Stray dogs. I think I may go to the doctor and get a Rabies shot, No, seriously! I have yet to hear, "don't walk alone at night because you run the risk of getting mugged, raped, kidnapped" or anything horrible along those lines. But, I do hear, don't walk at night because "you must be careful for the dogs." Are you kidding me? I need to be more weary of dogs than I do people? This is a first! In Spain, there was a massive population of stray cats, here in Thailand, it is dogs.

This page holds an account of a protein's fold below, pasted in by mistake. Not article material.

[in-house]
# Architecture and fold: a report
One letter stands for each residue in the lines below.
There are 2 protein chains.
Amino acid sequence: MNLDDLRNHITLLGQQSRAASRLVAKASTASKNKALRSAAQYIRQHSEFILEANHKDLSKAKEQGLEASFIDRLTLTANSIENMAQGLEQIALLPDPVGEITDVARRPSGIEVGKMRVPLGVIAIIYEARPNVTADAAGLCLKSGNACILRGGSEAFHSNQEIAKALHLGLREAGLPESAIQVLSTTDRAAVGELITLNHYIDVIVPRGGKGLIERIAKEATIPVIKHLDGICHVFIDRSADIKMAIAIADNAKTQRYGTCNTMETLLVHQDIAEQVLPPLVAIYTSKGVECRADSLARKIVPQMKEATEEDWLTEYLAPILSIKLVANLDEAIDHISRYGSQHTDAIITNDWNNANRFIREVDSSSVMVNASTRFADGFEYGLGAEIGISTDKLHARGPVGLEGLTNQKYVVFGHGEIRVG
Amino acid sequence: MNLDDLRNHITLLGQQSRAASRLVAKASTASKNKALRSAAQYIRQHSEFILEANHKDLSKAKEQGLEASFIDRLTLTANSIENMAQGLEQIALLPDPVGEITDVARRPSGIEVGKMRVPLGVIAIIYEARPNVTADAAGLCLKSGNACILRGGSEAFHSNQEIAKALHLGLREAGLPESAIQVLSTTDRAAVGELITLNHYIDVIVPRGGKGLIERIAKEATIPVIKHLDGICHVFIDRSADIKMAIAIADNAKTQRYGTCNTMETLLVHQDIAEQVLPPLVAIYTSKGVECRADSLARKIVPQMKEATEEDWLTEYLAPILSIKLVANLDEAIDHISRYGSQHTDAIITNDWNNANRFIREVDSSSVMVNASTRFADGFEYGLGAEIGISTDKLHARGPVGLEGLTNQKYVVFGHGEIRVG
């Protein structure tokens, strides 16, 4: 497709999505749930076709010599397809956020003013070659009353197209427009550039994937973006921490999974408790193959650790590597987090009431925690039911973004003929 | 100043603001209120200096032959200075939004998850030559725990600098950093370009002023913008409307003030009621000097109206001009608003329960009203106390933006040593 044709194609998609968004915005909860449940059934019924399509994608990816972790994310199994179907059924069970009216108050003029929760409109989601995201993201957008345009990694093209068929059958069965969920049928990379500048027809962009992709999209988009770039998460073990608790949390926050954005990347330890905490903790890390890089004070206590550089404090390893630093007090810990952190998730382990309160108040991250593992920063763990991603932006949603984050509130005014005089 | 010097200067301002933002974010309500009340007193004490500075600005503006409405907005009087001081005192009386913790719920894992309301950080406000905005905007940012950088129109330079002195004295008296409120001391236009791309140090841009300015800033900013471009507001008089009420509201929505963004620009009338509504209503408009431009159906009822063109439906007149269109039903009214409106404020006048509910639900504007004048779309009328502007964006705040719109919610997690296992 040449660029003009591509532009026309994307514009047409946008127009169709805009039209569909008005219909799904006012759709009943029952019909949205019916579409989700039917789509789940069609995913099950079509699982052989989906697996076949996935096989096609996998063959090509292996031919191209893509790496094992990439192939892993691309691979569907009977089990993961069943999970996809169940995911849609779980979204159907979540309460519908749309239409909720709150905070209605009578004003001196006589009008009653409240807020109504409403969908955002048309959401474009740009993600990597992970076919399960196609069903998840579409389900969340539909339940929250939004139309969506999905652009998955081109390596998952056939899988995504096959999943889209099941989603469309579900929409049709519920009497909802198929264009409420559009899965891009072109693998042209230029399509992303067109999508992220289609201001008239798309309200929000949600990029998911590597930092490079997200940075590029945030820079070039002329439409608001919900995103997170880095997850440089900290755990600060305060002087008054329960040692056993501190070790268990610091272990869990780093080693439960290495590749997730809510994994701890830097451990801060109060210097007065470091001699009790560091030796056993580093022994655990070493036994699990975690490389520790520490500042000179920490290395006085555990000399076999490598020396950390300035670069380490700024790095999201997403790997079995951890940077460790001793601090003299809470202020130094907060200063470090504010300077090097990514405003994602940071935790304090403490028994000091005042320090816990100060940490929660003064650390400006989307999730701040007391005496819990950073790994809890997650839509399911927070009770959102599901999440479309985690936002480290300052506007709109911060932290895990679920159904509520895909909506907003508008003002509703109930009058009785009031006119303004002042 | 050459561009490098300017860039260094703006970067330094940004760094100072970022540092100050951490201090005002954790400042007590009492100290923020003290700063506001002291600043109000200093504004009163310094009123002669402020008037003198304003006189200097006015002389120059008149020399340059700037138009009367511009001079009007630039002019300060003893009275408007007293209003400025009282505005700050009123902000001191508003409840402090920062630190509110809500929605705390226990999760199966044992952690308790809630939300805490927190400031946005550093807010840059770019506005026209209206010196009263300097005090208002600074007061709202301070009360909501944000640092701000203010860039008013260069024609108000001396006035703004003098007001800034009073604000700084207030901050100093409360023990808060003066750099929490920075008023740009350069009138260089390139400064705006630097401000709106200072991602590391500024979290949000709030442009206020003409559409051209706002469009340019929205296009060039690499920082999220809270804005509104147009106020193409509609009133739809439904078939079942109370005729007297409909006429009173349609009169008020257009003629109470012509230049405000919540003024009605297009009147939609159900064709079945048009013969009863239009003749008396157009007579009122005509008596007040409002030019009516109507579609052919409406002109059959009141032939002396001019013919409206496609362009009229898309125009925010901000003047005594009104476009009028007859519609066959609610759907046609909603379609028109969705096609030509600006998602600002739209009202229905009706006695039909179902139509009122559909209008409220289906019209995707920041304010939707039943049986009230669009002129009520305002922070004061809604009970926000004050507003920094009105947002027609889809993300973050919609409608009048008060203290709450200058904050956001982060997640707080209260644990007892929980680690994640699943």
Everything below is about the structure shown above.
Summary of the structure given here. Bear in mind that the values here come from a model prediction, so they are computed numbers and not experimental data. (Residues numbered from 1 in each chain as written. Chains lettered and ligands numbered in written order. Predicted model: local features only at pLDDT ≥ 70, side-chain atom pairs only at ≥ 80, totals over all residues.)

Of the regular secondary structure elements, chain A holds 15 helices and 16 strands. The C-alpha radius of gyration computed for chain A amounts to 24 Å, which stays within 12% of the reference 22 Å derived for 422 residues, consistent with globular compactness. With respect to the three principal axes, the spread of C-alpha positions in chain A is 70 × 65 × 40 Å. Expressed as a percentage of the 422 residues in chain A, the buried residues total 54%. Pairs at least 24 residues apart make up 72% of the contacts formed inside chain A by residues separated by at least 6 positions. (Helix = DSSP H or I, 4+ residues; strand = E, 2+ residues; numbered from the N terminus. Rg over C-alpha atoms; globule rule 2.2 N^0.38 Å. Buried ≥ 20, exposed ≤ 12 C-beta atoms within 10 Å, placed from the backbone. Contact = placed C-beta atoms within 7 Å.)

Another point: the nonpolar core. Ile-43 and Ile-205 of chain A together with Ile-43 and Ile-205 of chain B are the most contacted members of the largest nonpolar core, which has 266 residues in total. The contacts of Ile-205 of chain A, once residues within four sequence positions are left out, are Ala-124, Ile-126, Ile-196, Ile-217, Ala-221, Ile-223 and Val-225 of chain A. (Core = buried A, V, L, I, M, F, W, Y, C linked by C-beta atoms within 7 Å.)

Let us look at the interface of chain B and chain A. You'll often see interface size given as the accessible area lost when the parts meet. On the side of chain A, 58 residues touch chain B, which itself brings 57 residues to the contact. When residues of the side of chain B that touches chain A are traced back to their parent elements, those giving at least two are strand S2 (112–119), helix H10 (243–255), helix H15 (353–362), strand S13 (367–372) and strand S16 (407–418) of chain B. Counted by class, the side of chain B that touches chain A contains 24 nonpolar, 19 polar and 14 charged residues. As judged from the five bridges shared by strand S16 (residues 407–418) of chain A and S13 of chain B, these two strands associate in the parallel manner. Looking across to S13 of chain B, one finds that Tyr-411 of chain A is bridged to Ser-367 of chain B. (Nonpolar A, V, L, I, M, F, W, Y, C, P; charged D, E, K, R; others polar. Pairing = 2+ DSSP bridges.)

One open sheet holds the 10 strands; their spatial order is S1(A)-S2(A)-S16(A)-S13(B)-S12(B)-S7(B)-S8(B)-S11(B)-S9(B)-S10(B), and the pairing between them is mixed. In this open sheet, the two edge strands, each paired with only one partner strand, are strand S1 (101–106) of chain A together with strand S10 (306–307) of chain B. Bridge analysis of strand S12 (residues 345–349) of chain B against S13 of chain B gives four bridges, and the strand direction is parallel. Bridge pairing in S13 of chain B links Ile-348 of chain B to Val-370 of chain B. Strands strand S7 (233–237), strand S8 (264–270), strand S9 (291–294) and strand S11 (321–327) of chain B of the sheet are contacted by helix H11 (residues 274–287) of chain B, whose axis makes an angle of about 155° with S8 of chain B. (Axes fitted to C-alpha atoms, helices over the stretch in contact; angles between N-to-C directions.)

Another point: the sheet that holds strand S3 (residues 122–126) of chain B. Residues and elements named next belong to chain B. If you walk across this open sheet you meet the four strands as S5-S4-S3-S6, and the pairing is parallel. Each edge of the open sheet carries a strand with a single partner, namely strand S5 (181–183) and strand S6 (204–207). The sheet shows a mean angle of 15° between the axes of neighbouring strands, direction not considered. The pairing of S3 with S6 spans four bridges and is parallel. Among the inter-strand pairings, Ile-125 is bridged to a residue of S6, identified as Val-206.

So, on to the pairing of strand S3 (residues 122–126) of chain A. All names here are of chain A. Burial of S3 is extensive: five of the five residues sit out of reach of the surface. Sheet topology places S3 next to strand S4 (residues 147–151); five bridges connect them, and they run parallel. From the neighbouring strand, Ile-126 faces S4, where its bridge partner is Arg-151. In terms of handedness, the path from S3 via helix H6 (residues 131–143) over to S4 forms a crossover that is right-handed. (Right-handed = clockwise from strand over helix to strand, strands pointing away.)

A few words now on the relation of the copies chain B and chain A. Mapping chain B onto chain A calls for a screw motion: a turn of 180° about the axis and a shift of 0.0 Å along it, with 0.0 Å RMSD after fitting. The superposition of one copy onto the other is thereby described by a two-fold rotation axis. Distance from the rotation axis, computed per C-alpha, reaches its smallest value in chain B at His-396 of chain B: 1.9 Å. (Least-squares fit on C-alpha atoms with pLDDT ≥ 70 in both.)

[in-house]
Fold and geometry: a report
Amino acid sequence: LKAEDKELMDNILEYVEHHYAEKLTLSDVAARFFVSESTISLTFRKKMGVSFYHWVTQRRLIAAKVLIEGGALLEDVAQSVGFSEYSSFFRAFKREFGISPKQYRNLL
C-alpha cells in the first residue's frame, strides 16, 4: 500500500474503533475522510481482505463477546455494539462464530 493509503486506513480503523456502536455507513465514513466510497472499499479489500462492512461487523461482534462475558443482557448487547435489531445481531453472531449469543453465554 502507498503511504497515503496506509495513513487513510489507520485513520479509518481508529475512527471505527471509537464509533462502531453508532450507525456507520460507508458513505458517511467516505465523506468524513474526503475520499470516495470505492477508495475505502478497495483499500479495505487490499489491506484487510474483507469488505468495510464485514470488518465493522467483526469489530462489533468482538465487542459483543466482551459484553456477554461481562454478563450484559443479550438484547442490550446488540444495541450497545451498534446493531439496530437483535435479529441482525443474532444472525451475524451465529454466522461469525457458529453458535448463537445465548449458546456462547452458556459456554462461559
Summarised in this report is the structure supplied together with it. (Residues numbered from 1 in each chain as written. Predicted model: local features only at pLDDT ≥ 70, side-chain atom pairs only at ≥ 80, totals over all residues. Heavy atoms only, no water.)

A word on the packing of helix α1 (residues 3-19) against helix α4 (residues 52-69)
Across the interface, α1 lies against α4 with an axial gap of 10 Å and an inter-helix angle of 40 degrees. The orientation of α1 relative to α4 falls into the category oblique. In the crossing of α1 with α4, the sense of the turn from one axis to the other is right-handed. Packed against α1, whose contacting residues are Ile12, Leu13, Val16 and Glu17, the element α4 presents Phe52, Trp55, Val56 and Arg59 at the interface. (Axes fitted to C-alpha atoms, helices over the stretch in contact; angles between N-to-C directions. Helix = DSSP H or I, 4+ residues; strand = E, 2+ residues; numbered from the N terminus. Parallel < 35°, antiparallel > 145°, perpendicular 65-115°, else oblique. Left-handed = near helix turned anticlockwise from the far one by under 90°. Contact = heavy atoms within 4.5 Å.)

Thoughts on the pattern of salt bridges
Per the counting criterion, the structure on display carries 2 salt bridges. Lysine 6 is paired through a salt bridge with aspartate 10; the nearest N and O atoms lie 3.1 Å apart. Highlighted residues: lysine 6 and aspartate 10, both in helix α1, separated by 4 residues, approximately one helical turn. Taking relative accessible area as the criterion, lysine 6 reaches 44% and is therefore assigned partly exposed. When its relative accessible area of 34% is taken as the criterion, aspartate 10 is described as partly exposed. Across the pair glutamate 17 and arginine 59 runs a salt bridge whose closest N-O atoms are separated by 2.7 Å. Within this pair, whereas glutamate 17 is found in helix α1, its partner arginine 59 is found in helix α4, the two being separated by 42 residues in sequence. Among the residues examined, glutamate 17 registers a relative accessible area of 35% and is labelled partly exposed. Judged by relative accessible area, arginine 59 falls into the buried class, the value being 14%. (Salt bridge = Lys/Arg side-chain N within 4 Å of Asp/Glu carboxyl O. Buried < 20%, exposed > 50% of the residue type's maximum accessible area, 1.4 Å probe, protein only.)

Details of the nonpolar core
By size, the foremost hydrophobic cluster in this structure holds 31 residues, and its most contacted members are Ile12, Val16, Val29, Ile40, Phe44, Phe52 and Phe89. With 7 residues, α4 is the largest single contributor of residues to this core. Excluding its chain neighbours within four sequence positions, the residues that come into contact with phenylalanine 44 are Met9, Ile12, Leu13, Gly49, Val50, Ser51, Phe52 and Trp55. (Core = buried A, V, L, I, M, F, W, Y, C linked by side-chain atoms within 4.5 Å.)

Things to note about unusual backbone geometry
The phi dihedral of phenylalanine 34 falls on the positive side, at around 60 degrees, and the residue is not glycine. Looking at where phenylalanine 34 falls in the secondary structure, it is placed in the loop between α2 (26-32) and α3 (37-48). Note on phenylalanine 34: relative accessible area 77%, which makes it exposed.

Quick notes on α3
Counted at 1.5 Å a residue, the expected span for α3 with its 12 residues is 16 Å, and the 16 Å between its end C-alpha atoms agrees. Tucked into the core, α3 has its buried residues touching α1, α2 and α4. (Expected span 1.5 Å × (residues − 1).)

Squat toilets are an everyday sight and because of past traveling experiences, I was not at all surprised to see them here. I was surprised however to learn about the manual flushing concept. In the US, we have the "luxury" to flush our toilets with the push of a lever. Here however, you must take a small pale, which is inside a larger bale of water next to the toilet, and scoop water from the bale into the toilet. It takes a minimum of 4-scoops to make your toilet paper disappear. My first go at this was an interesting one and I cringe each time I must put my hand in the germ infested water bale. My step mom has insisted on sending surgical gloves to assist me with this more than once-daily task. It sounds bad, and it is, but my toilet at my apartment is just like the ones we have at home.